|Rosetta 3.2 Release Manual|
The density constraint uses a scoring function derived from the density correlation of a model and a density map. This term is described in [DiMaio et al, JMB 2009]; some additional reading may be found in the scoring structures with density section. This method has been shown to be particularly effective in solving structures via molecular replacement from templates in the 20-30% sequence identity range.
Template files are PDB files given by "-in:file:template_pdb". Alignment files, which describe the sequence mapping from template to target, are in "Rosetta format", which is similar to a fasta-format alignment, with a few extras fields. For example:
## 1CRB_ 2qo4.PHASER.1.pdb # hhsearch scores_from_program: 0 1.00 2 DFNGYWKMLSNENFEEYLRALDVNVALRKIANLLKPDKEIVQDGDHMIIRTLSTFRNYIMDFQVGKEFEEDLTGIDDRKCMTTVSWDGDKLQCVQKGEKEGRGWTQWIEGDELHLEMRAEGVTCKQVFKKV 0 AFSGTWQVYAQENYEEFLRAISLPEEVIKLAKDVKPVTEIQQNGSDFTITSKTPGKTVTNSFTIGKEAEIT--TMDGKKLKCIVKLDGGKLVCRTD----RFSHIQEIKAGEMVETLTVGGTTMIRKSKKI --
While multiple pairs of template alignment files are accepted, it is generally recommended to run just a single template/alignment with each job.
In addition, fragment files may also be required, depending on the options selected. Rebuilding of gaps is done by fragment insertion (as in Rosetta ab initio); thus two backbone fragment files (3-mers and 9-mers) must be given. The application for building these is included with rosetta but requires some external tools/databases. The easiest way to generate fragments is to use the Robetta server (http://robetta.bakerlab.org/fragmentsubmit.jsp). The fragment files should be built with the full-length sequence; rosetta handles remapping the fragments if not all gaps are rebuilt.
bin/mr_protocols.default.linuxgccrelease \ -database ../rosetta_database \ -MR:mode cm \ -in:file:extended_pose 1 \ -in:file:fasta 1crb.fasta \ -in:file:alignment 2qo4.ali \ -in:file:template_pdb 2qo4.PHASER.1.pdb \ -loops:frag_sizes 9 3 1 \ -loops:frag_files xx1crb_09_05.200_v1_3.gz xx1crb_03_05.200_v1_3.gz none \ -loops:random_order \ -loops:random_grow_loops_by 5 \ -loops:extended \ -loops:remodel quick_ccd \ -loops:relax relax \ -relax:default_repeats 2 \ -relax:jump_move true \ -edensity:mapreso 3.0 \ -edensity:grid_spacing 1.5 \ -edensity:mapfile 2qo4.PHASER.1_2mFo-DFc.ccp4 \ -edensity:sliding_window_wt 1.0 \ -edensity:sliding_window 5 \ -cm:aln_format grishin \ -MR:max_gaplength_to_model 8 \ -nstruct 1000 \ -ignore_unrecognized_res -overwrite
For the majority of users, the only flags that will need to be changed from job to job deal with:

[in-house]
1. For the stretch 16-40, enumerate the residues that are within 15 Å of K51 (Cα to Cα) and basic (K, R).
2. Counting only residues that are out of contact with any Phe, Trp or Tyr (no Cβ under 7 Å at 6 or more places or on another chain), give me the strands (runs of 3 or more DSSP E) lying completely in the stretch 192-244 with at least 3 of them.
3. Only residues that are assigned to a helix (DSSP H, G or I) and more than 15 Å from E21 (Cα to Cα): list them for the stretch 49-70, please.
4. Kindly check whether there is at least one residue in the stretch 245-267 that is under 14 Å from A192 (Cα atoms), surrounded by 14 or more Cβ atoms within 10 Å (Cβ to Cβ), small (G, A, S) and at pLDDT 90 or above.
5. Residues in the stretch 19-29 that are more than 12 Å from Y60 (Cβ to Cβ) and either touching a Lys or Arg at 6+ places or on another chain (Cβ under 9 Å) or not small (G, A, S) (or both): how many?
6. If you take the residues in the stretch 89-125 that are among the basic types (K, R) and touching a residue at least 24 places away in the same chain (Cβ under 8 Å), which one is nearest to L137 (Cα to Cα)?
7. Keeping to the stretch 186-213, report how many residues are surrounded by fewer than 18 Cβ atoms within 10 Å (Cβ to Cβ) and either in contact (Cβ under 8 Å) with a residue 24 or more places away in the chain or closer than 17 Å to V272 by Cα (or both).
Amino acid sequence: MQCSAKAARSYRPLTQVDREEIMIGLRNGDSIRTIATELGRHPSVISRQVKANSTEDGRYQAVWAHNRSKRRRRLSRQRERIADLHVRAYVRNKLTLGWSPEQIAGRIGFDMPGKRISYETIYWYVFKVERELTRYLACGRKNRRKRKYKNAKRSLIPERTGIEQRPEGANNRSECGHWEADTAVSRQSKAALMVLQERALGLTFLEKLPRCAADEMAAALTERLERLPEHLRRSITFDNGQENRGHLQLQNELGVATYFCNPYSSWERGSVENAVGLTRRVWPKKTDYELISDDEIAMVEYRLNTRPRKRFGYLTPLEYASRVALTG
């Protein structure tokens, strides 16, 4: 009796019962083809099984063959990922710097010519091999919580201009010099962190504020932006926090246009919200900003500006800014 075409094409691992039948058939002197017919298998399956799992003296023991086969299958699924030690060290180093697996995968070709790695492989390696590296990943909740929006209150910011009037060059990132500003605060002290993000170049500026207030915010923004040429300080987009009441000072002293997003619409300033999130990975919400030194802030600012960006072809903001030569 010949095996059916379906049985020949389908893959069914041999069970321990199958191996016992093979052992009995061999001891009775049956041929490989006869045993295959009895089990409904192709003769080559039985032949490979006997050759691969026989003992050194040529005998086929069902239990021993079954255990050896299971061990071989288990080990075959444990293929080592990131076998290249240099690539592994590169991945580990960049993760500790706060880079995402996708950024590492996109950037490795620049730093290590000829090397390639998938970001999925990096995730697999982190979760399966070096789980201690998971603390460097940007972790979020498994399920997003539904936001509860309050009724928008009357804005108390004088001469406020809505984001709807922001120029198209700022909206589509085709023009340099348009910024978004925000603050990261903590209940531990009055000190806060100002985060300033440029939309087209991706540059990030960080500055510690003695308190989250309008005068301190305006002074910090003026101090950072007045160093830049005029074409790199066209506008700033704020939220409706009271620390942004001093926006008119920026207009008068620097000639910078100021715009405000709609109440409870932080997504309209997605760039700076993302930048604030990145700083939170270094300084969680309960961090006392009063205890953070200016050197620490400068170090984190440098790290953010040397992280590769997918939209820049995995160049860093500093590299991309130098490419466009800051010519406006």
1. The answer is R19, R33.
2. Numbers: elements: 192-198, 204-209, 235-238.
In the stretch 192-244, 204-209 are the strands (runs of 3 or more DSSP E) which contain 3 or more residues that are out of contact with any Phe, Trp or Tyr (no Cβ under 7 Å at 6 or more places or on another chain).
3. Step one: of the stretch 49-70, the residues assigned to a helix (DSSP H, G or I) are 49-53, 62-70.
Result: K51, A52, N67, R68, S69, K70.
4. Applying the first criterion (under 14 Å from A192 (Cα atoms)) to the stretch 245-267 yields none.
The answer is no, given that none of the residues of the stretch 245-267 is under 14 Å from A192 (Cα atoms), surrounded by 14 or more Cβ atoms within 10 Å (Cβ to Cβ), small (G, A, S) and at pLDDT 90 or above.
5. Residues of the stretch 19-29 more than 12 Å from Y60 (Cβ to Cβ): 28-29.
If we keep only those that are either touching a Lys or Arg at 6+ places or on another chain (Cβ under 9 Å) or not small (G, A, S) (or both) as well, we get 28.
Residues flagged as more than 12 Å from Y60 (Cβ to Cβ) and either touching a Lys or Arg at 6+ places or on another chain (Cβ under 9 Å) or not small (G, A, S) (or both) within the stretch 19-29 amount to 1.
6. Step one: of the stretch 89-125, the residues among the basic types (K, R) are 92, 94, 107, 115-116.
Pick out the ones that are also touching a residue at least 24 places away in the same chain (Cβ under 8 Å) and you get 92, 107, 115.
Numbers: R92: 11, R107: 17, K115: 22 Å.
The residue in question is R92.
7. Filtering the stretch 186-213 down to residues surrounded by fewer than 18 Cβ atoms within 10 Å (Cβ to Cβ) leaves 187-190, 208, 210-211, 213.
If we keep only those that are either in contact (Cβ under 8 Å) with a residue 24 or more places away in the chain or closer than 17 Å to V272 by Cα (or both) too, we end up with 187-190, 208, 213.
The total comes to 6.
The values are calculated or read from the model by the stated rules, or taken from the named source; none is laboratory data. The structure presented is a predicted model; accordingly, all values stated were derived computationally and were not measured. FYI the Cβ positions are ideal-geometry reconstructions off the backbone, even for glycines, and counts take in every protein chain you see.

(1) The input structure and alignment:
-in:file:extended_pose 1 -in:file:fasta inputs/1crb.fasta -in:file:alignment inputs/1crb_2qo4.ali -in:file:template_pdb inputs/2qo4.PHASER.1.pdb
The fasta, alignment and template PDBs (see the section "Input Files" above). The flag 'extended_pose 1' should always be given.
(2) The input density map:
-edensity:mapfile inputs/sculpt_2QO4_A.PHASER.1.map -edensity:mapreso 3.0 -edensity:grid_spacing 1.5 -edensity:sliding_window_wt 1.0 -edensity:sliding_window 5
This is how the density map and scorefunction parameters are given to Rosetta. The input map (-edensity:mapfile) is CCP4 format. The flags 'mapreso' and 'grid_spacing' define the resolution of the calculated density and the grid spacing on which correlations are computed (these do not match the input file's grid but rather the grid on which Rosetta computes things). Generally I don't go lower than these values (with grid-spacing 1/2 of mapreso); for very large structures I may run on an even coarser grid to speed things up a bit.
The flag 'sliding_window_wt' is the weight on the fit-to-density term. 1.0 is generally fine. If the experimental data is low resolution (3A or worse), than you might want to drop this to 0.5. 'sliding_window' is the residue-width over which local correlations are computed. 5 is generally fine.
See the tutorial in demo/electron_density/molecular_replacement -- in particular, step 3 -- for information on creating a map from an initial molecular replacement hit.
(3) The input fragments
-loops:frag_sizes 9 3 1 -loops:frag_files inputs/aa1crb_09_05.200_v1_3.gz inputs/aa1crb_03_05.200_v1_3.gz none
Fragment files and sizes. 9 & 3 are the default produced by Robetta; 'none' means to automatically generate the 1-mer fragments from the 3-mers. See the section "Input files" for details on getting these fragment files.
(4) The number of output structures.
The number of models needed to effectively sample conformational space varies from model to model, depending on the number of gaps in the alignment and the length of those gaps. On a set of blind cases, most needed 1-2000 output strutures to inprove the model enough to ultimately solve the structure; in a few cases 100 models were sufficient.
Some lesser-used options that may be used by advanced users to control job length and sampling space of the run:
-relax:default_repeats 4 -MR:max_gaplength_to_model 8
The first option controls the length of the "relax". All our experiments used 4 repeats; for very large systems reducing this to 2 may speed things up a bit. The second option tells Rosetta not to rebuild gaps greater than length 'n' in the alignment. We found 8 and 10 both produce good results: if sampling is limited (e.g., you only have the resources to produce 100 output models) reducing this to 4 or 6 might be enough to solve the structure.
Finally, these options are manditory, and should be left as-is:
-relax:jump_move true -cm:aln_format grishin -ignore_unrecognized_res -loops:remodel quick_ccd -loops:relax relax -loops:random_grow_loops_by 5 -loops:random_order -loops:extended
This application uses the JD2 job-distributor; it respects all of the jd2 flags that control output.